While the more experienced pros make their way around Spain, the Tour de l'Avenir is currently showcasing the talents of the younger riders. One such prospect is Colombian sprinter Fernando Gaviria, and Cyclingnews caught up with him at the race. You can read the story here:

The eight leaders have just come through Málaga for the first time. They'll be back there for the business end of the stage but attentions now turn to the first-category Puerto del León.

The Puerto del León is 16 kilometres long, an average gradient of just over 5% but with some sections well over 10%. Let's see how the sprinters' teams handle it. 

Fabian Cancellara won't be enjoying this. He's been struggling with illness and finished second last yesterday behind Tiralongo. Here's what he had to say this morning:

The breakaway's lead ducks under four minutes as the gradients of this climb take their toll. 

Here's our full story on Paolo Tiralongo abandoning the Vuelta a España:

The Puerto del León is not exactly shaking things up here. The gap between the eight men out front and the peloton is still around four minutes. As we near the top, Giant-Alpecin put some men on the front as they think about propelling John Degenkolb to victory in Málaga. 

The break's lead is dropping back towards three minutes here. The sprinters' teams will be happy with how things are playing out. There's a small climb as we get to Málaga to the finish but they should be confident of dealing with that too.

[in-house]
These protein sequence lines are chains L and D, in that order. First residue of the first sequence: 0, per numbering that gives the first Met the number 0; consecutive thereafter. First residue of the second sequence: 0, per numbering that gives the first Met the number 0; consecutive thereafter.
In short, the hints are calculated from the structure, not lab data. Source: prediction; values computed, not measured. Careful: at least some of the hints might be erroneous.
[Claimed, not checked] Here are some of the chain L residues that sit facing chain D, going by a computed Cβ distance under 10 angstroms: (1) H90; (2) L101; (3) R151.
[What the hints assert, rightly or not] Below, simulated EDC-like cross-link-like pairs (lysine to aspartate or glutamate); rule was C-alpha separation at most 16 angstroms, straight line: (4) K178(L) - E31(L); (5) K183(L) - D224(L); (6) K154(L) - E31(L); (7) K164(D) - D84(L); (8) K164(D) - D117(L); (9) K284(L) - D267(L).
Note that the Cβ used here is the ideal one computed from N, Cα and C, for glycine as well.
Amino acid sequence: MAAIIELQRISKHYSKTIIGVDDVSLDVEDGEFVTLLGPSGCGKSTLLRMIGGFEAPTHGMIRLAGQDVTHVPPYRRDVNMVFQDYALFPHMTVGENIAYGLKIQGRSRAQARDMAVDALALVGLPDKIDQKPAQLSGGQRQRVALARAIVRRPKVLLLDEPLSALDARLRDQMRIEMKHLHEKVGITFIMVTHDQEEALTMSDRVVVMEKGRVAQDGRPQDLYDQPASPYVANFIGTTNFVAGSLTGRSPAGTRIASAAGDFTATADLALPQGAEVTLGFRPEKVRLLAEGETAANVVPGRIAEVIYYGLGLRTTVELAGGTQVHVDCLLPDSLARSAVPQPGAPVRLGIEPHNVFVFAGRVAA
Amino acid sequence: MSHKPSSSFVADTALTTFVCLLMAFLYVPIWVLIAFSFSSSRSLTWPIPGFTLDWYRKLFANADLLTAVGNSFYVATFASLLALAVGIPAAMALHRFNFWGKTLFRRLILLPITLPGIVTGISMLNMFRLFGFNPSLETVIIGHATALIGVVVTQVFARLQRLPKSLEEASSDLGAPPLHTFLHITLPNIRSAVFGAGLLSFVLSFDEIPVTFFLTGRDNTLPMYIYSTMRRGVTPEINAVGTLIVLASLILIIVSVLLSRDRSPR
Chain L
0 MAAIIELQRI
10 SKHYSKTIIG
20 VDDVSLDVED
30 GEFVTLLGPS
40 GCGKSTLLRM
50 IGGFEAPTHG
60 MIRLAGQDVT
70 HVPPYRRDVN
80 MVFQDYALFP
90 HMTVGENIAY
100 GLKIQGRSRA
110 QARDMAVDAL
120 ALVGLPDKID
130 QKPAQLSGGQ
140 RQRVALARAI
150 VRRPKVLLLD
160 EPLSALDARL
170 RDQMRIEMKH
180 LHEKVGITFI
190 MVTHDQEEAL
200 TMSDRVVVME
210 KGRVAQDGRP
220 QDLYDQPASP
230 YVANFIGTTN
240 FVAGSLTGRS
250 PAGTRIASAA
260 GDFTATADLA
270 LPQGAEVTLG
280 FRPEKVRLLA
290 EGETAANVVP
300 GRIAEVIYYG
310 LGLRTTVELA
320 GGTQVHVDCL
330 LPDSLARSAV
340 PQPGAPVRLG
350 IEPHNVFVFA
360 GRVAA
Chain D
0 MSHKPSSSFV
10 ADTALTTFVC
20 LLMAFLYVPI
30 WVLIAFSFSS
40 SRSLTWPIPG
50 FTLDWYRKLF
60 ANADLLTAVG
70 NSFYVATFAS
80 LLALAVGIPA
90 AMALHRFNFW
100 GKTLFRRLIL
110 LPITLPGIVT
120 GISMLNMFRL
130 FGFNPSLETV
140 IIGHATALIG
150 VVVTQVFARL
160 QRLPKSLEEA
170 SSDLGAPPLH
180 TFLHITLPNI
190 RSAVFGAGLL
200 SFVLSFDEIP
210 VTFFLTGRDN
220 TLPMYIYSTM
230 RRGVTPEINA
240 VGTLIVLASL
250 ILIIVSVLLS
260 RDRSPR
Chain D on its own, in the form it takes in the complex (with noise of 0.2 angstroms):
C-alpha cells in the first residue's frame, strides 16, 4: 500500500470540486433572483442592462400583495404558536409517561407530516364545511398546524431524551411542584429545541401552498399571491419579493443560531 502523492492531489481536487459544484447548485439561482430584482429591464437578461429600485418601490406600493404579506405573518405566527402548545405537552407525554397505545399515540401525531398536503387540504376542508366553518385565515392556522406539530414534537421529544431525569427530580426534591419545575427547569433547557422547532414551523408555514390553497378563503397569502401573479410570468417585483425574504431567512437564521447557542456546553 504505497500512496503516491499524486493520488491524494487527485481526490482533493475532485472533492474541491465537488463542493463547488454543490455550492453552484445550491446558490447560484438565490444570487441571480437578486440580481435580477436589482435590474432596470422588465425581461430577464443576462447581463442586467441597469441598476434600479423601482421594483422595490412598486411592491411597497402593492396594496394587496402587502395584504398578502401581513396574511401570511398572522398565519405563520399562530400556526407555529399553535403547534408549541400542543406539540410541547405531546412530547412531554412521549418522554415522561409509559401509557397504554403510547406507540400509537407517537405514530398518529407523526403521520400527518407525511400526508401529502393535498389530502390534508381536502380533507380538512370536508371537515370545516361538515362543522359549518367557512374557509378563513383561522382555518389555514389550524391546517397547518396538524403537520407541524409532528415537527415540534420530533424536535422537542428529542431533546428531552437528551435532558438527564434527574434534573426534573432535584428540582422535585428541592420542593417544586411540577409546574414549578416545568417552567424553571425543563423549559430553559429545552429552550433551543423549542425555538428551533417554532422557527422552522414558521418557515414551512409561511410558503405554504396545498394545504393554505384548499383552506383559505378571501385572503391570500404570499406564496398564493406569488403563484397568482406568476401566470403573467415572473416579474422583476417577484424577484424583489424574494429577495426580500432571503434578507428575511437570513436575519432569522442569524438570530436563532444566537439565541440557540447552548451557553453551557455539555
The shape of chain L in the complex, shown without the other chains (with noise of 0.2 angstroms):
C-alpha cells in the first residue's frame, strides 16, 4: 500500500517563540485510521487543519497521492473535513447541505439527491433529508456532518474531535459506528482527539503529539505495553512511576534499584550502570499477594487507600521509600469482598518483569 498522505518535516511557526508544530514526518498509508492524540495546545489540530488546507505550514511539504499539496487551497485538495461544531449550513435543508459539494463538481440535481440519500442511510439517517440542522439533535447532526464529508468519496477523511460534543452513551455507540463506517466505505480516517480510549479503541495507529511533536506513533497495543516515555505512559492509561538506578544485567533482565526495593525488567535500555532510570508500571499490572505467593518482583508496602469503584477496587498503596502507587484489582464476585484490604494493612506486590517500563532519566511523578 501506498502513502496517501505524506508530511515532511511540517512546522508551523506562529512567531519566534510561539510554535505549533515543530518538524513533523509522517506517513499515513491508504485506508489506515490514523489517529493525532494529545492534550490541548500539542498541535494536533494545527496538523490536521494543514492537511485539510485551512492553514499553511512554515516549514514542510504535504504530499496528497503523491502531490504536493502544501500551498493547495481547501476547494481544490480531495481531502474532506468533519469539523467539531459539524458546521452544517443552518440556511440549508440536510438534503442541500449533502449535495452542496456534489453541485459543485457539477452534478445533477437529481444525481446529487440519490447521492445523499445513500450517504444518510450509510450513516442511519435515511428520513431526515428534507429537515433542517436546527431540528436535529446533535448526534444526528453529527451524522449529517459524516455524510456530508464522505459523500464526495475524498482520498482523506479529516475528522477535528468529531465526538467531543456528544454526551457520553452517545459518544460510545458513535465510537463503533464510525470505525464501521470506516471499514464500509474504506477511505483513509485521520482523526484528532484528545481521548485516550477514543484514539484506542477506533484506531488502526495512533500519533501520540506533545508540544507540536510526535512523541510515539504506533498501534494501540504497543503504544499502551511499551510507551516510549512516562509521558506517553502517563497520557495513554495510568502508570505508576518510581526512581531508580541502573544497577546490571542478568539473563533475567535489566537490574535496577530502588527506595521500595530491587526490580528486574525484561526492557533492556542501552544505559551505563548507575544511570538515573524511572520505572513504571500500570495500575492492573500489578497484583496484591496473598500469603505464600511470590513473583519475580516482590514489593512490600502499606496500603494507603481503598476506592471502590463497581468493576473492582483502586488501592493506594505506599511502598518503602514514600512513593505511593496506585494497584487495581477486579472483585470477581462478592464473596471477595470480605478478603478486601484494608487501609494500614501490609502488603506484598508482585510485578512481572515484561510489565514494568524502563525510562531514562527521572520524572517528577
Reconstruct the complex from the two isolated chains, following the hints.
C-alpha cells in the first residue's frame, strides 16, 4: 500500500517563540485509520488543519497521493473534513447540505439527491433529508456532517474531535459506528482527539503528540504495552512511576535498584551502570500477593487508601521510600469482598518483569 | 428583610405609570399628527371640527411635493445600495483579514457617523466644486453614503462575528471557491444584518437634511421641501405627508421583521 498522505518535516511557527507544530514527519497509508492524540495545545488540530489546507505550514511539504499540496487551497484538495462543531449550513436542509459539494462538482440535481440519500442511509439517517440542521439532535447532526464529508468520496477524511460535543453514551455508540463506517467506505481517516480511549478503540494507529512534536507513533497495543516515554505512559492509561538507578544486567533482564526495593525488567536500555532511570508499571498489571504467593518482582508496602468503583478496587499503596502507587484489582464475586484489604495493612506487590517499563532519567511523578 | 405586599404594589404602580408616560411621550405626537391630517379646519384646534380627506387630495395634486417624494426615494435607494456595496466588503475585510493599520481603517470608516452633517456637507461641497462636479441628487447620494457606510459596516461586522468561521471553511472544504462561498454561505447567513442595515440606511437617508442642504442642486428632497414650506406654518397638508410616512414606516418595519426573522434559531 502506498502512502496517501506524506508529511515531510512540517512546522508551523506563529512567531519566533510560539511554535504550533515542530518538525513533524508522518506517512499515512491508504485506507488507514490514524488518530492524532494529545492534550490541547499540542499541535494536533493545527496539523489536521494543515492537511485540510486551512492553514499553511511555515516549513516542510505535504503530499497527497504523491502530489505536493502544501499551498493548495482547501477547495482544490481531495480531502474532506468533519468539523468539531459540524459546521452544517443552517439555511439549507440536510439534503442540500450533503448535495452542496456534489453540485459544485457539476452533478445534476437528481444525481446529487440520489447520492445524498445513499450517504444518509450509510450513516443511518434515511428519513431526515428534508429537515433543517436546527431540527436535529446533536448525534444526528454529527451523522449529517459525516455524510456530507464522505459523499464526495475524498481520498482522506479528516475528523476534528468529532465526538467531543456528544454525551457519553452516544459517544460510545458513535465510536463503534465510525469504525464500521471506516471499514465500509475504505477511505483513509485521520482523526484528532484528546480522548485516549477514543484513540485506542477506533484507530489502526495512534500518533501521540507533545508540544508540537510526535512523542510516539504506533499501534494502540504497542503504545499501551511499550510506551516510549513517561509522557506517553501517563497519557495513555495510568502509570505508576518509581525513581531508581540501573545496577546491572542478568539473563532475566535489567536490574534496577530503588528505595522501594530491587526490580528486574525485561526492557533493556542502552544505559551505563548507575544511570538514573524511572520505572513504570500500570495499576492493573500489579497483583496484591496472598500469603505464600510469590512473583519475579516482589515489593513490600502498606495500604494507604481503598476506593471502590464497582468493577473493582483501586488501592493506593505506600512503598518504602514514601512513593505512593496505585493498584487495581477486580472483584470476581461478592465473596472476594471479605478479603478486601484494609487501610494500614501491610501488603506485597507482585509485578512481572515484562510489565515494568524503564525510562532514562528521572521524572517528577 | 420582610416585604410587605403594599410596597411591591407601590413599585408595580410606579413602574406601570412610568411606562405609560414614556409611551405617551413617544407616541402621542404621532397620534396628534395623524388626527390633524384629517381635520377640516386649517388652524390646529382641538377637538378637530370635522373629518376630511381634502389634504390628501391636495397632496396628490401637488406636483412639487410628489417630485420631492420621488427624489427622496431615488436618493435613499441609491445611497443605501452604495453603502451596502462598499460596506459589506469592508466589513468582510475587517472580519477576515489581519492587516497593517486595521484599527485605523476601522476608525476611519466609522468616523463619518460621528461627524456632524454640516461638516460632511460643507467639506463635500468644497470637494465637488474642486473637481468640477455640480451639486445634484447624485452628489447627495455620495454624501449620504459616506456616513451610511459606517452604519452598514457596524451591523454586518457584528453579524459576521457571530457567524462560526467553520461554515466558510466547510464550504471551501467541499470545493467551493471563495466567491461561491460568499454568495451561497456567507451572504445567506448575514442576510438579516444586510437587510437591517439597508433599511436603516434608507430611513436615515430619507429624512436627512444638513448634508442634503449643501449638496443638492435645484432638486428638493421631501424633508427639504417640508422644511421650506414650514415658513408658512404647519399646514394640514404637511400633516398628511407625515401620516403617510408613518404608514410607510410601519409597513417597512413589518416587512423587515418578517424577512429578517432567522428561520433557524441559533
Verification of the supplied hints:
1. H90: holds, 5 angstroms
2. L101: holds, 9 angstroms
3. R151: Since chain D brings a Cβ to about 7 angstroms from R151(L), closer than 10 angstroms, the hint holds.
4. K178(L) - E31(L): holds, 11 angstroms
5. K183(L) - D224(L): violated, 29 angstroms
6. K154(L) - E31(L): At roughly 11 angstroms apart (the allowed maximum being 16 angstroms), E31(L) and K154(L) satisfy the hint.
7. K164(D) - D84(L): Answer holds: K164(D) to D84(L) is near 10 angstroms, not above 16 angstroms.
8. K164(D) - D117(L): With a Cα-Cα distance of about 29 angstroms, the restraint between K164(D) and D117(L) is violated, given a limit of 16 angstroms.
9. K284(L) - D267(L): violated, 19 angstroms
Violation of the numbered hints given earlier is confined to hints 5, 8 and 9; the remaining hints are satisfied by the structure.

Martin Velits is in trouble on the final part of this climb and has been dropped from the break. 

Omar Fraile leads the break over the summit of the Puerto del León, as he did on the Alto de Migas. As such, he's earned himself the right to wear the polka dot jersey for leader of the mountains classification tomorrow. The man currently wearing it, Walter Pedraza, crested third with Natnael Berhane second. 

We have a lengthy descent now off the mountain and Chavanel wants to make the most of his downhill skills. The Frenchman has taken off at the front of the race. 

It's back together in the break as the road heads upwards again. This is not an all-out descent and the road does kick back up again in places. 

68km remaining from 158km

Tinkoff-Saxo are driving things at the head of the peloton. Peter Sagan was caught up in the crash yesterday and is more focused on preparing himself for the Worlds next month, but might be fancying his chances today. 

Things have broken up somewhat out front. Some riders have been dropped from the break and there is now a group of four leading the race: Fraile, Chavanel, Tjallingi, and Gougeard. 

“Nibali should get his story straight”

Berhane and Pedraza have made it back into the break but the peloton are now little over 1:30 in arrears. Tinkoff-Saxo and Orica-GreenEdge still the most interested parties in the bunch. 

Tjallingi attacks! The Lotto rider heads off the front but after a brief spot of panic behind he is pegged back.

Meanwhile Koshevoy is still struggling to get back on. He's hanging about 20 seconds behind but the peloton are gaining all the time. 

48km remaining from 158km

Koshevoy has been swallowed up by the bunch, who are still around 1:20 back on our six leaders. 

There were encouraging signs for Chris Froome yesterday. Alasdair Fotheringham caught up with the Tour de France champion this morning and has sent in this report.

Crash! There's a small spill in the bunch with Daniele Bennati and Nacer Bouhanni hitting the deck. That's the second crash in two days for the Frenchman, who's back on his bike without too much fuss.

The riders hit the south coast of Spain once again at Torre del Mar. As they head back along the coast towards Málaga, Tinkoff-Saxo are still driving things on the front of the bunch but the gap is still stable at 1:20. 

Sagan's men will want to make life difficult for Bouhanni, who has lost contact after his crash and is currently being paced back to the peloton by two Cofidis teammates.